What is Asbestos?

About Asbestos

Asbestos is a naturally occurring mineral mined from rock and made up of many small fibres. Asbestos is extremely tough and was widely used in products because of its high resistance to fire and chemicals and its effectiveness as an insulator. The term asbestos is traceable to Roman naturalist Pliny the Elder’s manuscript Natural History, and his use of the term asbestinon, meaning “unquenchable”.

Asbestos fibres are 50 to 200 times thinner than a human hair, can float in the air for a long time, not invisible to the naked eye and can be breathed into the lungs.

Common examples of Asbestos

Due to its durability, asbestos was used in a variety of different ways. Some common examples include:

  • Asbestos Cement Sheets
  • Tilux/ Duraflex Sheets (bathrooms and kitchens)
  • Asbestos cement corrugated roof sheeting (Often called “Super Six” sheeting)
  • Asbestos cement guttering, drains & pipes
  • Asbestos insulation – pipes and electrical wires
  • Asbestos brake pads and linings, and clutch pads.

However, the prolonged inhalation of these fibres can cause serious illnesses including lung cancer, mesothelioma, and asbestosis (a type of pneumoconiosis).

Asbestos is highly toxic, insidious and environmentally persistent material that has killed thousands of Australians, and will kill thousands more this century. The use and manufacture of asbestos is now banned in Australia.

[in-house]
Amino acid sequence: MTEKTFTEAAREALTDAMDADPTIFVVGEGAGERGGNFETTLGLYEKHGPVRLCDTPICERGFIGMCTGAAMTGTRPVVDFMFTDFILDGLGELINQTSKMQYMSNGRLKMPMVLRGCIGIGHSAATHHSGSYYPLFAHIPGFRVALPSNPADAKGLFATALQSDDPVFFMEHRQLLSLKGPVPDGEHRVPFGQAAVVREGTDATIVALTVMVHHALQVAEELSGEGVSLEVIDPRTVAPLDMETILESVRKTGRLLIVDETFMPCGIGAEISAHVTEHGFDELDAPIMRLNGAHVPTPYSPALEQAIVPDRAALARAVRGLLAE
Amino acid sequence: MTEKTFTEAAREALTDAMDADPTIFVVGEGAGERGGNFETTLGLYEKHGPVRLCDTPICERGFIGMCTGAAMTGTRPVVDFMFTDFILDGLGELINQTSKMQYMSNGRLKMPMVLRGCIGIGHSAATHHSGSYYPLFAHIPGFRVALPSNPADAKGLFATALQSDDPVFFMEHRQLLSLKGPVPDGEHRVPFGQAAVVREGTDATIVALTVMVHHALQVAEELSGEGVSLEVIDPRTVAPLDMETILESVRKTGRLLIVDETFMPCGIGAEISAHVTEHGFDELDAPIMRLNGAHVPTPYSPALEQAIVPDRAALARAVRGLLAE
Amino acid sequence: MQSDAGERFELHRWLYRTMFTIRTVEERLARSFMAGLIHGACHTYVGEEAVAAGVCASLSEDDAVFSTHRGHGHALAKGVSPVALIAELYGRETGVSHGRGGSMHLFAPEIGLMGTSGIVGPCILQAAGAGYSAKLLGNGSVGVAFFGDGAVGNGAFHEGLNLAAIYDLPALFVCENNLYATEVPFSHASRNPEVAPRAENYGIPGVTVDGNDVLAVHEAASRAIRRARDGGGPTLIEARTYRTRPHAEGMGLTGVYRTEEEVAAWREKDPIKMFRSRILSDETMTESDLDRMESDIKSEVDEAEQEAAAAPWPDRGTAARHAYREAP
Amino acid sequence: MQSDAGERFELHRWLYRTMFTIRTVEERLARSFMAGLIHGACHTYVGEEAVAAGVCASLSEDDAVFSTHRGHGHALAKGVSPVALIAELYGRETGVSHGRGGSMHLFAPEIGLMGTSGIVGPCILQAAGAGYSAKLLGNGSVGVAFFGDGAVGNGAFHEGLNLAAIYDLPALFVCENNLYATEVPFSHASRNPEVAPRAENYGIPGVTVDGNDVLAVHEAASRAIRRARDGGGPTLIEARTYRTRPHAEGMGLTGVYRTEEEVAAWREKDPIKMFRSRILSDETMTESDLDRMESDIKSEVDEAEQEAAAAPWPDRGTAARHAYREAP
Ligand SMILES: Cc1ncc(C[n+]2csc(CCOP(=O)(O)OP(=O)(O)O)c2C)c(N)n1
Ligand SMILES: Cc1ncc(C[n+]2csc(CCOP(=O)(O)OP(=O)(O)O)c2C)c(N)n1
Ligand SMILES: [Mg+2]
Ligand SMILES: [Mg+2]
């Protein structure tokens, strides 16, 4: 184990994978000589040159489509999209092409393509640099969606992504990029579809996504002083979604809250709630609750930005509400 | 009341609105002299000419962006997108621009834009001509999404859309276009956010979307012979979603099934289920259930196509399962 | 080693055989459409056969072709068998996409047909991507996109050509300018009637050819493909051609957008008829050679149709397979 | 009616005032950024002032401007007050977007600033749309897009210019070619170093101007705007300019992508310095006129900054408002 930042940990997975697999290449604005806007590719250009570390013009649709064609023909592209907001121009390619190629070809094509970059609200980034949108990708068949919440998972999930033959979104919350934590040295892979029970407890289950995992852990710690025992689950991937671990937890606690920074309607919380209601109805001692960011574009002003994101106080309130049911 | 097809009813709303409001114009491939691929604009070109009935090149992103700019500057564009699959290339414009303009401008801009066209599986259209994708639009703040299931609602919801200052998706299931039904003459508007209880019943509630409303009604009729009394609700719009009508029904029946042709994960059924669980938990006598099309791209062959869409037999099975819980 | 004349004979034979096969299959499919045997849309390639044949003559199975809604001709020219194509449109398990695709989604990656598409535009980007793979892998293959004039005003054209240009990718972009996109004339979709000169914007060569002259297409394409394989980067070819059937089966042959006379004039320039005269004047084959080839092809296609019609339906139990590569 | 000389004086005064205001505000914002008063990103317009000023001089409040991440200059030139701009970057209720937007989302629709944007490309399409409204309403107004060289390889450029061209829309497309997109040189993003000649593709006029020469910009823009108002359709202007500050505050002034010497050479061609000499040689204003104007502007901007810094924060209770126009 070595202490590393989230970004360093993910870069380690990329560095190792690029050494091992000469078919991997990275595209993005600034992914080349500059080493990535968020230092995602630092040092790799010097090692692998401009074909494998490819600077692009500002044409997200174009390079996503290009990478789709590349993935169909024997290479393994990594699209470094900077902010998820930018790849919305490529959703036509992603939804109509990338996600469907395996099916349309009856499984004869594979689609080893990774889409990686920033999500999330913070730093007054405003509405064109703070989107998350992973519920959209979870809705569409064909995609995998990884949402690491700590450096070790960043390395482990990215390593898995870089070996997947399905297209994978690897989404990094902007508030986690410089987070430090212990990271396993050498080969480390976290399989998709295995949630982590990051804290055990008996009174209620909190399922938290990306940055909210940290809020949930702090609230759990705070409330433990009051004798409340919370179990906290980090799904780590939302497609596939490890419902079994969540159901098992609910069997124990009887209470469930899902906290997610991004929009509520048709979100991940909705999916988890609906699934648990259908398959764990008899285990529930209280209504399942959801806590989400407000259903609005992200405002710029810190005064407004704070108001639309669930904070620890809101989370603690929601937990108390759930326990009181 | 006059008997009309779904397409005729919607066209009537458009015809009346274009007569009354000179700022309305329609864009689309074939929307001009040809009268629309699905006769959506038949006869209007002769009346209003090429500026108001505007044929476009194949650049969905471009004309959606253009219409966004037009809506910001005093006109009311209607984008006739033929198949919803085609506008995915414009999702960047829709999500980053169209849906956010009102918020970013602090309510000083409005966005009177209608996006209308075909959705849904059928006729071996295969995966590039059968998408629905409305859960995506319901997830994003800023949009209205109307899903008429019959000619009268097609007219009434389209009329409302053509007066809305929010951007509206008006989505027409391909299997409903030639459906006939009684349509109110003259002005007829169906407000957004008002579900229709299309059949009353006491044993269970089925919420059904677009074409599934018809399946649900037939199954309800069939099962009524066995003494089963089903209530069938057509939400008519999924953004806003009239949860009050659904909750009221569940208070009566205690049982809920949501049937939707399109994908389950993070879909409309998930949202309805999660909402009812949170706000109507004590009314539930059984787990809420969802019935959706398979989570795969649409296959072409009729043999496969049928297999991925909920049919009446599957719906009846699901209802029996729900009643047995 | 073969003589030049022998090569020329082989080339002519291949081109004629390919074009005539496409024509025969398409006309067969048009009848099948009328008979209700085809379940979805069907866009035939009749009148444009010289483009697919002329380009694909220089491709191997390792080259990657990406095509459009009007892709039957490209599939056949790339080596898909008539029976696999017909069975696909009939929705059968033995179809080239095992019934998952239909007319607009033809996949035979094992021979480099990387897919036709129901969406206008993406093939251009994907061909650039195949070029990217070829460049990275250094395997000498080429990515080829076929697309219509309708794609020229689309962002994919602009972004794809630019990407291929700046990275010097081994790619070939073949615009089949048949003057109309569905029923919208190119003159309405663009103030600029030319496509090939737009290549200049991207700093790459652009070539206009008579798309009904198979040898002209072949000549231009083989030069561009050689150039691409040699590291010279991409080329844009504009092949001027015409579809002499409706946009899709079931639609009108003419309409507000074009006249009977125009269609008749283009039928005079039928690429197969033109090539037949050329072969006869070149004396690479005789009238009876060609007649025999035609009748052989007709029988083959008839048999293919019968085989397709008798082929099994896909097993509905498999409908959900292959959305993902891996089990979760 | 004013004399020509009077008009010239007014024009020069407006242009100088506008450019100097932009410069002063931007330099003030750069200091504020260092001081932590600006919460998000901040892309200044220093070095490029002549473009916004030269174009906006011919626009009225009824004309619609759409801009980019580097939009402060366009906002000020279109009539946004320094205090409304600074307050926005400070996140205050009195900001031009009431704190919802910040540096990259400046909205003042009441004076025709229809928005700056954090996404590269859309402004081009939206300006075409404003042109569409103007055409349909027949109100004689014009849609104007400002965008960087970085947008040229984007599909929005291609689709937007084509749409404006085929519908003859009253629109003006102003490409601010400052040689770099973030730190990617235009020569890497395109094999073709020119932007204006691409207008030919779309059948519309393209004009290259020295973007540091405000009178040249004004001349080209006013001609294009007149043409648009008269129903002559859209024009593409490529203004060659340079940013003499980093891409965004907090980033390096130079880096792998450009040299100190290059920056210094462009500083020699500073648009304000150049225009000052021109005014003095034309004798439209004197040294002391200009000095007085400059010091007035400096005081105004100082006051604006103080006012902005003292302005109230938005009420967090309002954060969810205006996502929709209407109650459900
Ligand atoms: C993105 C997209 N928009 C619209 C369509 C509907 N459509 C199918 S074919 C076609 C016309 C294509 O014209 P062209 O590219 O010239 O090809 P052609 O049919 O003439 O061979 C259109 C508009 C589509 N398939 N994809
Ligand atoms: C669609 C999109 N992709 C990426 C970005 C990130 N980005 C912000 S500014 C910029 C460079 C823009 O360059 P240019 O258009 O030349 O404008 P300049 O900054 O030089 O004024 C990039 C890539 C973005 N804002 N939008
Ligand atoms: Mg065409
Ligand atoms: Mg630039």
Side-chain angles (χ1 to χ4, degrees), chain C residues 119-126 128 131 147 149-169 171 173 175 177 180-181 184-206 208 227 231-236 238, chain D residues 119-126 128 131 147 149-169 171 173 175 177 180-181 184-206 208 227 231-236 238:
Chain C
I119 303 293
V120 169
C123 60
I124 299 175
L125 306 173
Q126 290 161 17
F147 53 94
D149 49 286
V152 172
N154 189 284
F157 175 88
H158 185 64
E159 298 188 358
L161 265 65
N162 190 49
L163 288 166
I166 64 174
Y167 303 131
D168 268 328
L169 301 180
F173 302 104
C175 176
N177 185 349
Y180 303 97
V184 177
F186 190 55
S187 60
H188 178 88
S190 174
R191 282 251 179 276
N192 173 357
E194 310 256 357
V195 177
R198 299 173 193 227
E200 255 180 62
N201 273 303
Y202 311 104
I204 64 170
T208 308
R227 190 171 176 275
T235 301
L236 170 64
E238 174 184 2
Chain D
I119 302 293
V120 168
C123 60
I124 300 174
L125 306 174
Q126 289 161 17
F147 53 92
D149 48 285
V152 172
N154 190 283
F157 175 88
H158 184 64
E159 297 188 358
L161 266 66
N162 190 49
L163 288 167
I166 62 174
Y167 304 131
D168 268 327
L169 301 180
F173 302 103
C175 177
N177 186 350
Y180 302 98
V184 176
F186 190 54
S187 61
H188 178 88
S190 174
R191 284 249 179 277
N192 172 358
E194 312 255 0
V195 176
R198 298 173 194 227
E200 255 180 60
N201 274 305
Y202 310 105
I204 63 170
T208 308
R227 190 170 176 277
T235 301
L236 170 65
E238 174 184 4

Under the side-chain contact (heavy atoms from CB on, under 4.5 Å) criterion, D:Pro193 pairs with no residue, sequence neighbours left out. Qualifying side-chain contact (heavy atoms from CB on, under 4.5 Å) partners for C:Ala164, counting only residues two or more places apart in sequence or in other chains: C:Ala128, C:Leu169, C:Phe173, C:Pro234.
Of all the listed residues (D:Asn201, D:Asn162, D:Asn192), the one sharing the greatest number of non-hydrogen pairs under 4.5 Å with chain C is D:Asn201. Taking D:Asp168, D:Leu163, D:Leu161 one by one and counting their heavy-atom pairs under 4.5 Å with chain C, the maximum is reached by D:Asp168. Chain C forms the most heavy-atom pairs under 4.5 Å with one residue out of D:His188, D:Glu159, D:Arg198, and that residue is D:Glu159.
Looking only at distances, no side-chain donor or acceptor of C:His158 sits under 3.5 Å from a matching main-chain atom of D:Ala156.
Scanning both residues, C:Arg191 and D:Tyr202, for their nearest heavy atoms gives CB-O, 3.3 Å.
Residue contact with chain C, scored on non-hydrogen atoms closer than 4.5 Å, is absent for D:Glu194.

Asbestos History

Asbestos History

Asbestos (from Greek ἄσβεστος meaning “unquenchable” or “inextinguishable”) is a naturally occurring mineral that became increasingly popular among manufacturers and builders in the late 19th century because of its sound absorption, average tensile strength, and its resistance to heat, electrical and chemical damage. When asbestos is used for its resistance to fire or heat, the fibers are often mixed with cement or woven into fabric or mats. Asbestos was used in some products for its heat resistance, and in the past was used on electric oven and hotplate wiring for its electrical insulation at elevated temperature, and in buildings for its flame-retardant and insulating properties, tensile strength, flexibility, and resistance to chemicals.

In the early 1900s medical practitioners began to raise concerns that exposure to asbestos was causing deaths of asbestos workers through respiratory diseases and by the 1930s there was a substantial accumulation of scientific knowledge concerning asbestos related disease.

Asbestos products were gradually removed from production during the 1980s. Between 1981 and 1983, asbestos flat sheeting was phased out. In 1985, corrugated products (roofing and cladding) were also taken from production. Asbestos-lined piping was not made after 1987 and in 2003 brake pads and linings ceased to contain asbestos.

Asbestos Disease

The dangers are now well known in Australia. Two out of three homes built between World War II and early 1980s still contain asbestos. Currently each year in Australia 500 men and 100 women develop mesothelioma, and this is expected to rise to 900 new cases a year by 2020.

How can AMAA help you

For more information on the symptoms, treatments and management of asbestos related diseases, please get in touch with the Asbestosis and Mesothelioma Association of Australia (AMAA) on 1800 017 758 or via our contact us form today.